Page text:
The Irish Times view on Conradh na Gaeilge at 125: a labour of linguistic love

It is difficult to believe that Irish as a living language and a cultural issue would have survived to this extent were it not for Conradh na Gaeilge

Fianna Fail leader Micheal Martin attends a Conradh na Gaeilge protest in 2014. Photograph; Dara Mac Dónaill / The Irish Times

Fianna Fail leader Micheal Martin attends a Conradh na Gaeilge protest in 2014. Photograph; Dara Mac Dónaill / The Irish Times

 

It was a turbulent time in 1893 when Conradh na Gaeilge was founded with the aim of keeping Irish alive as a spoken language in Ireland. In the same year, British prime minister William Ewart Gladstone had brought in a Home Rule Bill and tens of thousands of Belfast unionists had marched against it.

Fast forward 125 years and Brexit is occupying the attention of the current British prime minister, protest marches remain a part of life in Belfast and Conradh na Gaeilge is now funded under the Belfast Agreement by the British and Irish governments to promote Irish.

Conradh na Gaeilge is not the only organisation to try to breathe life into Irish but it certainly has been one of the most steadfast. A century and more of linguistic labour is no mean achievement. Like any organisation of its age there have been rows and splits – most notably in its early years between one of its founder members, Douglas Hyde, and a young firebrand called Patrick Pearse – and it has come through them all, scarred but still standing.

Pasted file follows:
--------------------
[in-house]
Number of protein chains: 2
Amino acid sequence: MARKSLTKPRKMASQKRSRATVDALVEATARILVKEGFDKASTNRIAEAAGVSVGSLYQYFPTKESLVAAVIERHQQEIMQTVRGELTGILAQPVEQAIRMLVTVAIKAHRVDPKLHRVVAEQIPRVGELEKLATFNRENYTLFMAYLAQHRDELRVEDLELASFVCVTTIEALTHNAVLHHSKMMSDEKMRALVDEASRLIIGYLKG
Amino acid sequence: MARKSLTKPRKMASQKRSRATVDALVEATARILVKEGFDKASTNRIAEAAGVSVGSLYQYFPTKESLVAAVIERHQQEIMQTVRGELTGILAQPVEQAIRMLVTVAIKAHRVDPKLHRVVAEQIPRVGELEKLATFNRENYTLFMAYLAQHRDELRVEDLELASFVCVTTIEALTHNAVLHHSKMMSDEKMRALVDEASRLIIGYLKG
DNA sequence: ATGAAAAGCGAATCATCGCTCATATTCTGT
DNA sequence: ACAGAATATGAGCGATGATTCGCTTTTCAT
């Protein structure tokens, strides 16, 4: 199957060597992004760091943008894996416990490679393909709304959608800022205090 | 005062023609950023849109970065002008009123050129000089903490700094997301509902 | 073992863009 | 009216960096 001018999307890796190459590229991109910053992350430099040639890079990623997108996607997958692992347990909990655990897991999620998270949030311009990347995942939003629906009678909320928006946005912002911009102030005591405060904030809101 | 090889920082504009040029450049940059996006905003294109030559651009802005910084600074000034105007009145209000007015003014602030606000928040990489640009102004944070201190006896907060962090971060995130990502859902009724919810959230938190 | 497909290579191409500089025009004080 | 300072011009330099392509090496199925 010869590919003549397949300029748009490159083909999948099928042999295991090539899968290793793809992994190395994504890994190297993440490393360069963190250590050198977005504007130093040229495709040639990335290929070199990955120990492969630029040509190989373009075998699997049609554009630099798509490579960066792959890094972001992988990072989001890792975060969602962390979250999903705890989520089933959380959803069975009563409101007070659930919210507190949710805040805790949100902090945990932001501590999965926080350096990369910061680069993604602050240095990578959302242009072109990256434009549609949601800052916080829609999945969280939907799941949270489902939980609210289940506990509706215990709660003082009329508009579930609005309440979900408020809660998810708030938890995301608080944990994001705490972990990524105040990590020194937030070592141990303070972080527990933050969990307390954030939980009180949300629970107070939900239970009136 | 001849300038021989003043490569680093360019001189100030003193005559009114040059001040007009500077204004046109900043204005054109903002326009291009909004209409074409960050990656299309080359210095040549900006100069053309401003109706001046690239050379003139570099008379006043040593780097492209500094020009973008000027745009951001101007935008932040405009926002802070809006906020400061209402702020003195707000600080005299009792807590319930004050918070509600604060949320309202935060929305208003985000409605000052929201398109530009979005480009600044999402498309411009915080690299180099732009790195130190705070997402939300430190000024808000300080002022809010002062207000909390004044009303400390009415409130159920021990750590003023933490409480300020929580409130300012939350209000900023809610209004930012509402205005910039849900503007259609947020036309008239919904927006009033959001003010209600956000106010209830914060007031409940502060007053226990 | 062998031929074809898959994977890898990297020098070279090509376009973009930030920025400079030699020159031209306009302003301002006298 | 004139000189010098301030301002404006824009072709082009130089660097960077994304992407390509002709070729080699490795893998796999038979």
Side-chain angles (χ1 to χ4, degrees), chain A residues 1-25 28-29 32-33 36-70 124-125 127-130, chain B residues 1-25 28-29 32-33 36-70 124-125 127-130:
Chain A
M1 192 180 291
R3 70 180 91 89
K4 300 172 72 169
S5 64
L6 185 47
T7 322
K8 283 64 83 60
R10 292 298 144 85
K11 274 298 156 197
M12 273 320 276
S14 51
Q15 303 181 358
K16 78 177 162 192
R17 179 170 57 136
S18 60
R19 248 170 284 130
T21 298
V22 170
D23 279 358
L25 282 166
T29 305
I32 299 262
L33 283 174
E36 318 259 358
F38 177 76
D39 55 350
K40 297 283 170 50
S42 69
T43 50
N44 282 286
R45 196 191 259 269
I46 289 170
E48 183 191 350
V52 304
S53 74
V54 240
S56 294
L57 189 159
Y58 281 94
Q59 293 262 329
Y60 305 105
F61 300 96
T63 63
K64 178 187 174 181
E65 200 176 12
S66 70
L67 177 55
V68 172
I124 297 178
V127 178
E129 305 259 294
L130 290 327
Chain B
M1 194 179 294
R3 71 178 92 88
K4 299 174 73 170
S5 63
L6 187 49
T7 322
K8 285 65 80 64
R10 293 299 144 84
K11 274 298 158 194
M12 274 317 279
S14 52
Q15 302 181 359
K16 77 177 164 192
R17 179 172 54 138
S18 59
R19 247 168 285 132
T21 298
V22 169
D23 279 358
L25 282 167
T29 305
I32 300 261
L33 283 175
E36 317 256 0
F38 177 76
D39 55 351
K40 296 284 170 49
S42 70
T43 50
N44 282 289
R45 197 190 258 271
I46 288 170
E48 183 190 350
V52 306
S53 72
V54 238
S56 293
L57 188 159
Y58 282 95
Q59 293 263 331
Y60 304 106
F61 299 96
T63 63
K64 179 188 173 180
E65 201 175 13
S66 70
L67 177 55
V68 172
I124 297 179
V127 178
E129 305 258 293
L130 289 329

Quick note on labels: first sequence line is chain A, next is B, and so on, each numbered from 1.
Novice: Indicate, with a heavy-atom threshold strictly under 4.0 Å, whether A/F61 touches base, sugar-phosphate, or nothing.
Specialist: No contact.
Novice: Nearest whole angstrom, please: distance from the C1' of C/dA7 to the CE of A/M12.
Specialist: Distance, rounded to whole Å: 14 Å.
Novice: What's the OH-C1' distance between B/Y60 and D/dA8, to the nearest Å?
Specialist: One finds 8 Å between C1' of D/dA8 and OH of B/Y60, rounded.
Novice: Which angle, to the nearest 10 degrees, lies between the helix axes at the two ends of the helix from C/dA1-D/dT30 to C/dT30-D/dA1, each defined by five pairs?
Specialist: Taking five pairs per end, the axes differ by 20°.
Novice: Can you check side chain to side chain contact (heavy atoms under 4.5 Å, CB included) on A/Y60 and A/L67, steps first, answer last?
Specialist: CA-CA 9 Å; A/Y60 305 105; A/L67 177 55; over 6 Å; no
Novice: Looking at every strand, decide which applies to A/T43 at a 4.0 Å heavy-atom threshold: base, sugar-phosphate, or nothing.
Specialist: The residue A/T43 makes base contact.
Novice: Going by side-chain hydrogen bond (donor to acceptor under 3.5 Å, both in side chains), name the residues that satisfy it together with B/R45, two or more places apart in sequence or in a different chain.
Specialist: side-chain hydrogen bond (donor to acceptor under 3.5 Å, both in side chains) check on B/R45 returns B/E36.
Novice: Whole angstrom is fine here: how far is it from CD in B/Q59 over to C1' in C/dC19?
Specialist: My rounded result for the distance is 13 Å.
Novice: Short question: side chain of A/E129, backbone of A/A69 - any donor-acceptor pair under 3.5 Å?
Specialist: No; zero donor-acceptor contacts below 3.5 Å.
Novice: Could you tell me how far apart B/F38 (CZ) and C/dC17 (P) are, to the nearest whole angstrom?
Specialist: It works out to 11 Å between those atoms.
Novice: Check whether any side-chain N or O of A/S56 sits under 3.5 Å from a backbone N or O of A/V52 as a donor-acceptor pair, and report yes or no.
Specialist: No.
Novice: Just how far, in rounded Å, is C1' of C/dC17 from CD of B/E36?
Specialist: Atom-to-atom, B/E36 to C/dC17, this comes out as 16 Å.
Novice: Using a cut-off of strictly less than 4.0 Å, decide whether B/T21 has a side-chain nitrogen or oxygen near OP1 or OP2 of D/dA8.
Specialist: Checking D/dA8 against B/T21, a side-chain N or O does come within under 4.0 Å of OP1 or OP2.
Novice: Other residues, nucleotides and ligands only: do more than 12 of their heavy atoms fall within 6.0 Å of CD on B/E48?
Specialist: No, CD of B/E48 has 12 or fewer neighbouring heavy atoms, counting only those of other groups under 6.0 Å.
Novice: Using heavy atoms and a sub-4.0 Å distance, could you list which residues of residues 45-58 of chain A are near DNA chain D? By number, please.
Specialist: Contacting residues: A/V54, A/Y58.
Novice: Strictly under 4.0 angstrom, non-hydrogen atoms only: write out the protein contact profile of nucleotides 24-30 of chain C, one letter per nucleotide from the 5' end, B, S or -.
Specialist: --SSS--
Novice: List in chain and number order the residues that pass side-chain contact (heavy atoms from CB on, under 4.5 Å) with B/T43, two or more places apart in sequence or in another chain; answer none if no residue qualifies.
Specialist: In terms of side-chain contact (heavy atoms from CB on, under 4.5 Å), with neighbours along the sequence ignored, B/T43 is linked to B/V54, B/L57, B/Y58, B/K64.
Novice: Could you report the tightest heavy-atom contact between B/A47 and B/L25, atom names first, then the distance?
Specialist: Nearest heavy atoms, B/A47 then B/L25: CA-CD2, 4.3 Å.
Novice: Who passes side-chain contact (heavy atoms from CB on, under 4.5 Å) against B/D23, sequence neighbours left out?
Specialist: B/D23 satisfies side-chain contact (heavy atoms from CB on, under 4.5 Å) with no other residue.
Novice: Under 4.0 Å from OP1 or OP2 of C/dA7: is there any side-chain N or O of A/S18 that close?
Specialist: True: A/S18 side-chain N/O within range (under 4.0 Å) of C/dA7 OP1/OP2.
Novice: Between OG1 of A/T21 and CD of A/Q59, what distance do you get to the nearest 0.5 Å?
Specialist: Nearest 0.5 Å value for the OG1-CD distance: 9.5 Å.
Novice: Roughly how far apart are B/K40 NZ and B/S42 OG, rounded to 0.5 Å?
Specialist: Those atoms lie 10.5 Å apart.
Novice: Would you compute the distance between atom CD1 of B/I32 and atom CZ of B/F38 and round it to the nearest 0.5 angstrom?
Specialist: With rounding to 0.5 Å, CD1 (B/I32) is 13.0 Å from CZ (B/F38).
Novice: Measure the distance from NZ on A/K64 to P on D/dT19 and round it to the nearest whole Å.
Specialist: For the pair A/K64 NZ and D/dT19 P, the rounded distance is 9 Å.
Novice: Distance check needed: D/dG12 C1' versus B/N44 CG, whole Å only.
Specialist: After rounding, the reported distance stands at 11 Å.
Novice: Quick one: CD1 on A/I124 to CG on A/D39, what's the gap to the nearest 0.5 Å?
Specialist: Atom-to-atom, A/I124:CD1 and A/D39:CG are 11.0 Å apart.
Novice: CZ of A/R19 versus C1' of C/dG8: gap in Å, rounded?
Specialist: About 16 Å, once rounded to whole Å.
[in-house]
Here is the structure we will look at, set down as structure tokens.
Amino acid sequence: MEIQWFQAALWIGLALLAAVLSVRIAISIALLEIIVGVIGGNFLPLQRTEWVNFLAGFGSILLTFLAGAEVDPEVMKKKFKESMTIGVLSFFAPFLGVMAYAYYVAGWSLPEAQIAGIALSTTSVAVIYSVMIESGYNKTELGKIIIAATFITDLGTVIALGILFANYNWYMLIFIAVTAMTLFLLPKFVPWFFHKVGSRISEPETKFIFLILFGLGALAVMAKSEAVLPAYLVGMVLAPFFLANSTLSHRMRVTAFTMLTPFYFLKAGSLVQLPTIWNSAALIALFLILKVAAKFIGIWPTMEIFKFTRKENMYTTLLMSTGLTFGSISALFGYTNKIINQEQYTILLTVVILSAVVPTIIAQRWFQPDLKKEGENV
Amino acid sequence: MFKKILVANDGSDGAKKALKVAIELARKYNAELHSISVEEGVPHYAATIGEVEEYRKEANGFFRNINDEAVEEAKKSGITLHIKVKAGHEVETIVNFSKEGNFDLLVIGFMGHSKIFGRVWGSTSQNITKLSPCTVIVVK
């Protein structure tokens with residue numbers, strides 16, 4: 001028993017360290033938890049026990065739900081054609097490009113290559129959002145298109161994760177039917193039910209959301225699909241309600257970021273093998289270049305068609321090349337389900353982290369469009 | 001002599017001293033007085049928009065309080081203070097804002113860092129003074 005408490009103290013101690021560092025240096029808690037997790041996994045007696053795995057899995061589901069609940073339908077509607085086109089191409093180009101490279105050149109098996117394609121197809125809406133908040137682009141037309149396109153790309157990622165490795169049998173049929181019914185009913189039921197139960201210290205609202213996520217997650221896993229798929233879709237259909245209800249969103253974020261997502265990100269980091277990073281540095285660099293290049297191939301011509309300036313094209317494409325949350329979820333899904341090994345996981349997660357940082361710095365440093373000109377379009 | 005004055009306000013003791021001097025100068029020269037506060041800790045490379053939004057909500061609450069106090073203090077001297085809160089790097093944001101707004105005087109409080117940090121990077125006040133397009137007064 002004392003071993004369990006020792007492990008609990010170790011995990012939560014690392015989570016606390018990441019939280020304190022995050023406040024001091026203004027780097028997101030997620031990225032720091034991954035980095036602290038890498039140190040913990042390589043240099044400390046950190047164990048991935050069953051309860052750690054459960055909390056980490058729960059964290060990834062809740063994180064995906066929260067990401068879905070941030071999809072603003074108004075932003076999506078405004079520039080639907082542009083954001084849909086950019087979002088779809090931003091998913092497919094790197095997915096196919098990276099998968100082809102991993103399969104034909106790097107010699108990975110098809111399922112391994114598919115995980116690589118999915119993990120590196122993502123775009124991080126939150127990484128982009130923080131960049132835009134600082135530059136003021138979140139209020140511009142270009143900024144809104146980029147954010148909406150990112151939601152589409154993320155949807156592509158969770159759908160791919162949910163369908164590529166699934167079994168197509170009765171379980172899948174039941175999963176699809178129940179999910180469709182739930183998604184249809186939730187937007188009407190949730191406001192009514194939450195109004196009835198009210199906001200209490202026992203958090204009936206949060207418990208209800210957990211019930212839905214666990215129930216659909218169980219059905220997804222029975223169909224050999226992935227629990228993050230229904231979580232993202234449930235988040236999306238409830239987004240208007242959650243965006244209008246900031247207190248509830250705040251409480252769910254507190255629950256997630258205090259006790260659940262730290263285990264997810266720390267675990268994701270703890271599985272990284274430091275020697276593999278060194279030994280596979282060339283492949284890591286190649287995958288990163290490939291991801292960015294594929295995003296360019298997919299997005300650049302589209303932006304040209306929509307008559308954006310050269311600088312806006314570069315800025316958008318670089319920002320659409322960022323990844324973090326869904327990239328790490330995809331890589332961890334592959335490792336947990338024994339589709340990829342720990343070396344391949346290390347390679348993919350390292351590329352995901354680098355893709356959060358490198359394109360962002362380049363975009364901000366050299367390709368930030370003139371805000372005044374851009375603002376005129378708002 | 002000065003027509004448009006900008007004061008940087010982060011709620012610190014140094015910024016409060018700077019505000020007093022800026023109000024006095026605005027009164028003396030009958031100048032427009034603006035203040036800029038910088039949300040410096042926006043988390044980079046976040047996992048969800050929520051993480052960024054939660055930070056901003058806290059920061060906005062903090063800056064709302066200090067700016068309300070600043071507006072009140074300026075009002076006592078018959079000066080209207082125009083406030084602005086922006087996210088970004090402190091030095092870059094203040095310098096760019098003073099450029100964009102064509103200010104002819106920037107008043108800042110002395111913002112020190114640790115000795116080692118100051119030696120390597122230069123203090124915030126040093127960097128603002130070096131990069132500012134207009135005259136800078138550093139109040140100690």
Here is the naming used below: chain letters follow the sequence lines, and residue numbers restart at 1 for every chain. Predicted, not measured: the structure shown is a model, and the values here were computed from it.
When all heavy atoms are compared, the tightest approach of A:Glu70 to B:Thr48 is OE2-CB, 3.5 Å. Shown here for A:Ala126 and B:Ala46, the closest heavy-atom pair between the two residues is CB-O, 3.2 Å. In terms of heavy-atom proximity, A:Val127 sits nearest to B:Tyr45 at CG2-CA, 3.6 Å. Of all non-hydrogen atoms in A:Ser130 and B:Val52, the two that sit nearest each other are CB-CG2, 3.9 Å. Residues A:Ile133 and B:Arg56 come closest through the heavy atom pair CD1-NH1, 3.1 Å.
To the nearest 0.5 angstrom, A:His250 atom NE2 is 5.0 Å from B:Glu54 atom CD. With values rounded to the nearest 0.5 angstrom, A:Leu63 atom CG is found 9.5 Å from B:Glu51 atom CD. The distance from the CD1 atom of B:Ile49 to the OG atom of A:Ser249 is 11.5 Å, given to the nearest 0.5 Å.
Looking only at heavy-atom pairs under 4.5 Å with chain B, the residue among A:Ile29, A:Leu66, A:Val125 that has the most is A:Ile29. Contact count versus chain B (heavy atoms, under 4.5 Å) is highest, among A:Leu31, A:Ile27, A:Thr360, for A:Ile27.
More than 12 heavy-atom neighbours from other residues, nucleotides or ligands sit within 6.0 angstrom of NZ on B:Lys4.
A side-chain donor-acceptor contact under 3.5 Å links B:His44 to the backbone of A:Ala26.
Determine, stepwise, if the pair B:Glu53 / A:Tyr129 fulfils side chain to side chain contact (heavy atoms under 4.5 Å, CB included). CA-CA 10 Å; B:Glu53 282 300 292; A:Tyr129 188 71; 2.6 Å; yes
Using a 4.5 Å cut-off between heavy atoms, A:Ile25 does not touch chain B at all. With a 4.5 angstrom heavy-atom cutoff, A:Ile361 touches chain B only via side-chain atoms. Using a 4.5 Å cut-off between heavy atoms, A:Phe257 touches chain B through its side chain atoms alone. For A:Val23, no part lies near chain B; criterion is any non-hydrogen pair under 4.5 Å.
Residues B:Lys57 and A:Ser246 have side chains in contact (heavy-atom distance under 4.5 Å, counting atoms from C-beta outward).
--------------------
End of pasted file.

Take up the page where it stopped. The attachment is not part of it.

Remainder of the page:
That old revivalist battle cry of “tír gan teanga; tír gan anam” – a land without a language is a land without a soul – has brought generation after generation willingly to the colours. It is difficult to believe that Irish as a living language and a cultural issue would have survived to this extent were it not for Conradh na Gaeilge: its teachers and classes in Ireland’s 32 counties; its writers; its campaigns and its stubborn refusal to bow to the disdain and disinterest of those who did not (and do not) share its vision for the language.

No one doubts the challenges ahead. The place of Irish in the English-language education system remains contentious; the viability of, and funding for, TG4, Raidió na Gaeltachta, print journalism and publishing in Irish continue to give cause for concern and, most worryingly, the native language in the Gaeltacht is at a low ebb.

All are matters of concern. However, today at least, we can take pride in the efforts of those who have given so much to the language and offer a sincere “maith sibh/well done!”

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